AFP reports that on Monday, Indonesian forces rescued a Singapore-flagged vessel that had been hijacked off of Borneo. Nine suspected pirates were detained for questioning, and 20 crew and one passenger were released.
No injuries or damage were reported. Navy spokesman Edi Sucipto said that the motive for the attack was to steal some 50,000 gallons of oil by transferring it to another vessel.
Authorities grew suspicious when they noticed that a ship had disappeared off of AIS and radar, then reappeared elsewhere transmitting a different vessel name. They sent a patrol ship and halted the hijacking in progress.
Indonesia has been a hot spot for maritime piracy for years; in recent months, it has seen an uptick from a new source – attacks by Islamist militant group Abu Sayyaf, which is based out of an archipelago south of Mindanao, the Philippines, but has begun hijackings and kidnappings in Indonesian and Malaysian waters as well.
Authorities did not implicate Abu Sayyaf in Monday's attack.
Indonesia, Malaysia and the Philippines recently reached an agreement for joint naval patrols to combat the threat. In addition, the Indonesian National Shipowners Association has recommended bow and stern watches when traveling through areas within Abu Sayyaf's range of attack, plus the use of ship convoys – a practice typically associated with wartime operations.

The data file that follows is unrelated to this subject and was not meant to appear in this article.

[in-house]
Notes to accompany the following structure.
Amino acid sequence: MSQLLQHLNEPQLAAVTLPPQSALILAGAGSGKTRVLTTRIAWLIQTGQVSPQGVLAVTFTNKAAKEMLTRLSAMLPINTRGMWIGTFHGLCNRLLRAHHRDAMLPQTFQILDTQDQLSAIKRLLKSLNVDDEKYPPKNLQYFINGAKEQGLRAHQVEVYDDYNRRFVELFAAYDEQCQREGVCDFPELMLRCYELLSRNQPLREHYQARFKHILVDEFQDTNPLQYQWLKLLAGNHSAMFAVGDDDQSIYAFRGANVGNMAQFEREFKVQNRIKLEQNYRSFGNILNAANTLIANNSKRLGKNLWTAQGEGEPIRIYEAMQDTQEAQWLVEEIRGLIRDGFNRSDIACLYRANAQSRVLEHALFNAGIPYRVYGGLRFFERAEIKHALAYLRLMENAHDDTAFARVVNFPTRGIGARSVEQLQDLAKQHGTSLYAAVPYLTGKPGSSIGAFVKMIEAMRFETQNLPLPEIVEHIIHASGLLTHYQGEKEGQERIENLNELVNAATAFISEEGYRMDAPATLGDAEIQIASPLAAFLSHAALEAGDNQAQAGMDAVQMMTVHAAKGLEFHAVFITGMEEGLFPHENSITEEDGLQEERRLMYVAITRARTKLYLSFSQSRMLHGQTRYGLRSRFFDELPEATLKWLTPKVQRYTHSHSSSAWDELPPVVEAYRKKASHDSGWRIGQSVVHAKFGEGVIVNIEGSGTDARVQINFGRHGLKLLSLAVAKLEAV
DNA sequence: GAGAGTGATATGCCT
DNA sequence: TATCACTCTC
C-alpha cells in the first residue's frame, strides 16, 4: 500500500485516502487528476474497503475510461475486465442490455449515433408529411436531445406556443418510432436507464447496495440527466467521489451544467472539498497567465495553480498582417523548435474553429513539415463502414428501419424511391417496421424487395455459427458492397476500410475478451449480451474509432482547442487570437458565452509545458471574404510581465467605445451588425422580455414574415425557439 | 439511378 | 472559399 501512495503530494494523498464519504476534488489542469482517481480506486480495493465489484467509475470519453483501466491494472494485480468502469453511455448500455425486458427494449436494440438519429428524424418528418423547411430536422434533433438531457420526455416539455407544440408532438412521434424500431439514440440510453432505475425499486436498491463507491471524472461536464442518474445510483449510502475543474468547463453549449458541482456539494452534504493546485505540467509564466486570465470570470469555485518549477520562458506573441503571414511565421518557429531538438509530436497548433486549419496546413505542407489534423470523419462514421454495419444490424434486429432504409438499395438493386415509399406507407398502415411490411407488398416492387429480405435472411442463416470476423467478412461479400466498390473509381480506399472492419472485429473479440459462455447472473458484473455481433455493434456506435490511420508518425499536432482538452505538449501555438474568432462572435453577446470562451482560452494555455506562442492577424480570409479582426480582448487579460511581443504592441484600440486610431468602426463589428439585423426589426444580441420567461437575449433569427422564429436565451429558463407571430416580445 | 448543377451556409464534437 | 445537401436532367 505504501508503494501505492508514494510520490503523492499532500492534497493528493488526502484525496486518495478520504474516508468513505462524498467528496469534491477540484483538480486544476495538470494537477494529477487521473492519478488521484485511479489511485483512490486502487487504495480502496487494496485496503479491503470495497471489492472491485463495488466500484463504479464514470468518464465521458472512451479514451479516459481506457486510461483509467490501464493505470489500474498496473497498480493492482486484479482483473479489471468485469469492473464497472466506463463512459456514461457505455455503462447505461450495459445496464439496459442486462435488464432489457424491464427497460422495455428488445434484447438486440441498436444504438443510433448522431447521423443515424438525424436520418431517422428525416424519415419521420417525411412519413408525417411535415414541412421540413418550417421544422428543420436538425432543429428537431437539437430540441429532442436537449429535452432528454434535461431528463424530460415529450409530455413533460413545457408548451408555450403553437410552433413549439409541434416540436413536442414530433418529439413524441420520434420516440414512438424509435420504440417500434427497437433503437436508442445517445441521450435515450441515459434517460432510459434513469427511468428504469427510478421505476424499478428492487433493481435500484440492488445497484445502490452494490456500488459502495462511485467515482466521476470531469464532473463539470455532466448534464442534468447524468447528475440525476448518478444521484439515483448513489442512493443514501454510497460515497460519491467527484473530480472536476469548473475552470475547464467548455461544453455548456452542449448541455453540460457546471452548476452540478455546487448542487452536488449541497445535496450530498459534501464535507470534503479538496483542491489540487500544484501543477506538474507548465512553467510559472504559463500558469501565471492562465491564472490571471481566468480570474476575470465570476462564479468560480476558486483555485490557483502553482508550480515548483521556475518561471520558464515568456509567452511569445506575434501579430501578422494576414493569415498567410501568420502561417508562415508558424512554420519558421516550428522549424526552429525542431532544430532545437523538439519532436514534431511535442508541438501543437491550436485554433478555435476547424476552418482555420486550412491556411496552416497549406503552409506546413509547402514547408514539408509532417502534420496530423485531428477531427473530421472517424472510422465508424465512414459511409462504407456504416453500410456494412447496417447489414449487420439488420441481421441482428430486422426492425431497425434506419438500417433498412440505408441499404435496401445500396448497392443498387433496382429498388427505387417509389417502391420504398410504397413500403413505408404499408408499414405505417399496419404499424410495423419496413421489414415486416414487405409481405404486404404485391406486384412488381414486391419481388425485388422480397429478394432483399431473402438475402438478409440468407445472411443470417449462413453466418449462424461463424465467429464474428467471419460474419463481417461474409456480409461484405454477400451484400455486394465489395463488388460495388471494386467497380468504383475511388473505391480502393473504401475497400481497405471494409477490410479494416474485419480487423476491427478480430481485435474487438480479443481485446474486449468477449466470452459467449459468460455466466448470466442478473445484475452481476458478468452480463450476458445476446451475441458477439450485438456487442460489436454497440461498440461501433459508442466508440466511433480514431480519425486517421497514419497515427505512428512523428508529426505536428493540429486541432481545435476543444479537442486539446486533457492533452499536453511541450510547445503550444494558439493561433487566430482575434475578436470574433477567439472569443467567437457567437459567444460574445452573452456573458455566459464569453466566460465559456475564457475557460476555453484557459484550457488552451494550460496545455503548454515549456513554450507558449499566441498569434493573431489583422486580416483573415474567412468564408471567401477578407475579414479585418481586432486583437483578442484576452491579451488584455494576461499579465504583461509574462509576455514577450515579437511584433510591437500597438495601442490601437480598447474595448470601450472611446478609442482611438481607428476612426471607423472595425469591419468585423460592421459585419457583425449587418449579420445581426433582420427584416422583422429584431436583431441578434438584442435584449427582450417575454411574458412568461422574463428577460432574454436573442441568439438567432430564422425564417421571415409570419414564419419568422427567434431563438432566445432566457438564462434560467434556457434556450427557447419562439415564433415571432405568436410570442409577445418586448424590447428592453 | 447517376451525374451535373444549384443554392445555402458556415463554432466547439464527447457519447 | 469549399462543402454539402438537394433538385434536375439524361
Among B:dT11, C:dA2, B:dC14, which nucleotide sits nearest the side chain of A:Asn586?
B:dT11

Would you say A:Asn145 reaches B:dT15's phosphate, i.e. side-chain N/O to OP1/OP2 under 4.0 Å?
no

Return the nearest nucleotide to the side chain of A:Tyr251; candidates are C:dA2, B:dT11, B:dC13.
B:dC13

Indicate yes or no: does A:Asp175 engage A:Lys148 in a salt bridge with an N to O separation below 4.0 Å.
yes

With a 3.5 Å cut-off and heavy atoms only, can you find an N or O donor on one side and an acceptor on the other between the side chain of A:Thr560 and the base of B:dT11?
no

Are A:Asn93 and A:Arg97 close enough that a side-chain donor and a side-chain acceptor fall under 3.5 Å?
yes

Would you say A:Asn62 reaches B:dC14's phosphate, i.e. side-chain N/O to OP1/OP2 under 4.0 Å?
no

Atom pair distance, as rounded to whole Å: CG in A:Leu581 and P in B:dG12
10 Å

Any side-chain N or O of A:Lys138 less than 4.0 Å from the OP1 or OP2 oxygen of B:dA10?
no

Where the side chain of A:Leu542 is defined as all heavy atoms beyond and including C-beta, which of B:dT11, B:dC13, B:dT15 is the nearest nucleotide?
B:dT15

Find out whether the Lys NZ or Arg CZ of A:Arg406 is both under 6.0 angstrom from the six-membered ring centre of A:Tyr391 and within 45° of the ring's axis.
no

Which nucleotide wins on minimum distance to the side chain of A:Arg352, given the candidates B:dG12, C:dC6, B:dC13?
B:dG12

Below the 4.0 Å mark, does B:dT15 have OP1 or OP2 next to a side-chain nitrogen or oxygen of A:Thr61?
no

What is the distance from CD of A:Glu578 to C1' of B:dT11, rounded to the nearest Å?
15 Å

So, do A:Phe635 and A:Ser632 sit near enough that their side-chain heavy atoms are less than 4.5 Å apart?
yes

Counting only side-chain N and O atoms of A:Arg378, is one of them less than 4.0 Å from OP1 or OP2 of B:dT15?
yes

Abu Sayyaf is notorious for kidnappings, backed up by a willingness to execute captives, and has earned millions of dollars in ransoms. It has acquired modern equipment with its ill-gotten gains; Philippine authorities also say that its earnings have given it the means to employ a sizeable fraction of the local population on its island strongholds, making it difficult to combat the group on its own terrain.
The group recently released 10 Indonesian crewmembers captured in the hijacking of a tug. Sailors’ Society chaplain Muhartono Tito, who is based in the Indonesian port of Banjarmasin, provided welfare assistance to the seafarers’ families during the crew’s five weeks in captivity.
“They were incredibly worried about the safety of their loved ones. When news broke that the terrorists had freed the men, I called their family members who were incredibly grateful,” he said.
An unnamed crewmember told Sailors’ Society that “we were very stressed because they frequently threatened to slit our throats.”
“Although they are all home safely, it is a real possibility that both the seafarers and their families will be suffering from stress after this traumatic incident,” Muhartono said. “I have offered counselling and have asked the ship owner to give the seafarers a grace of period of a month to recover.”
Despite their ordeal, the seafarers are reportedly in good physical health. Not all have been so lucky: their release comes a week after Abu Sayyaf beheaded Canadian businessman John Ridsdel.
According to authorities, Abu Sayyaf are still holding at least 11 people hostage.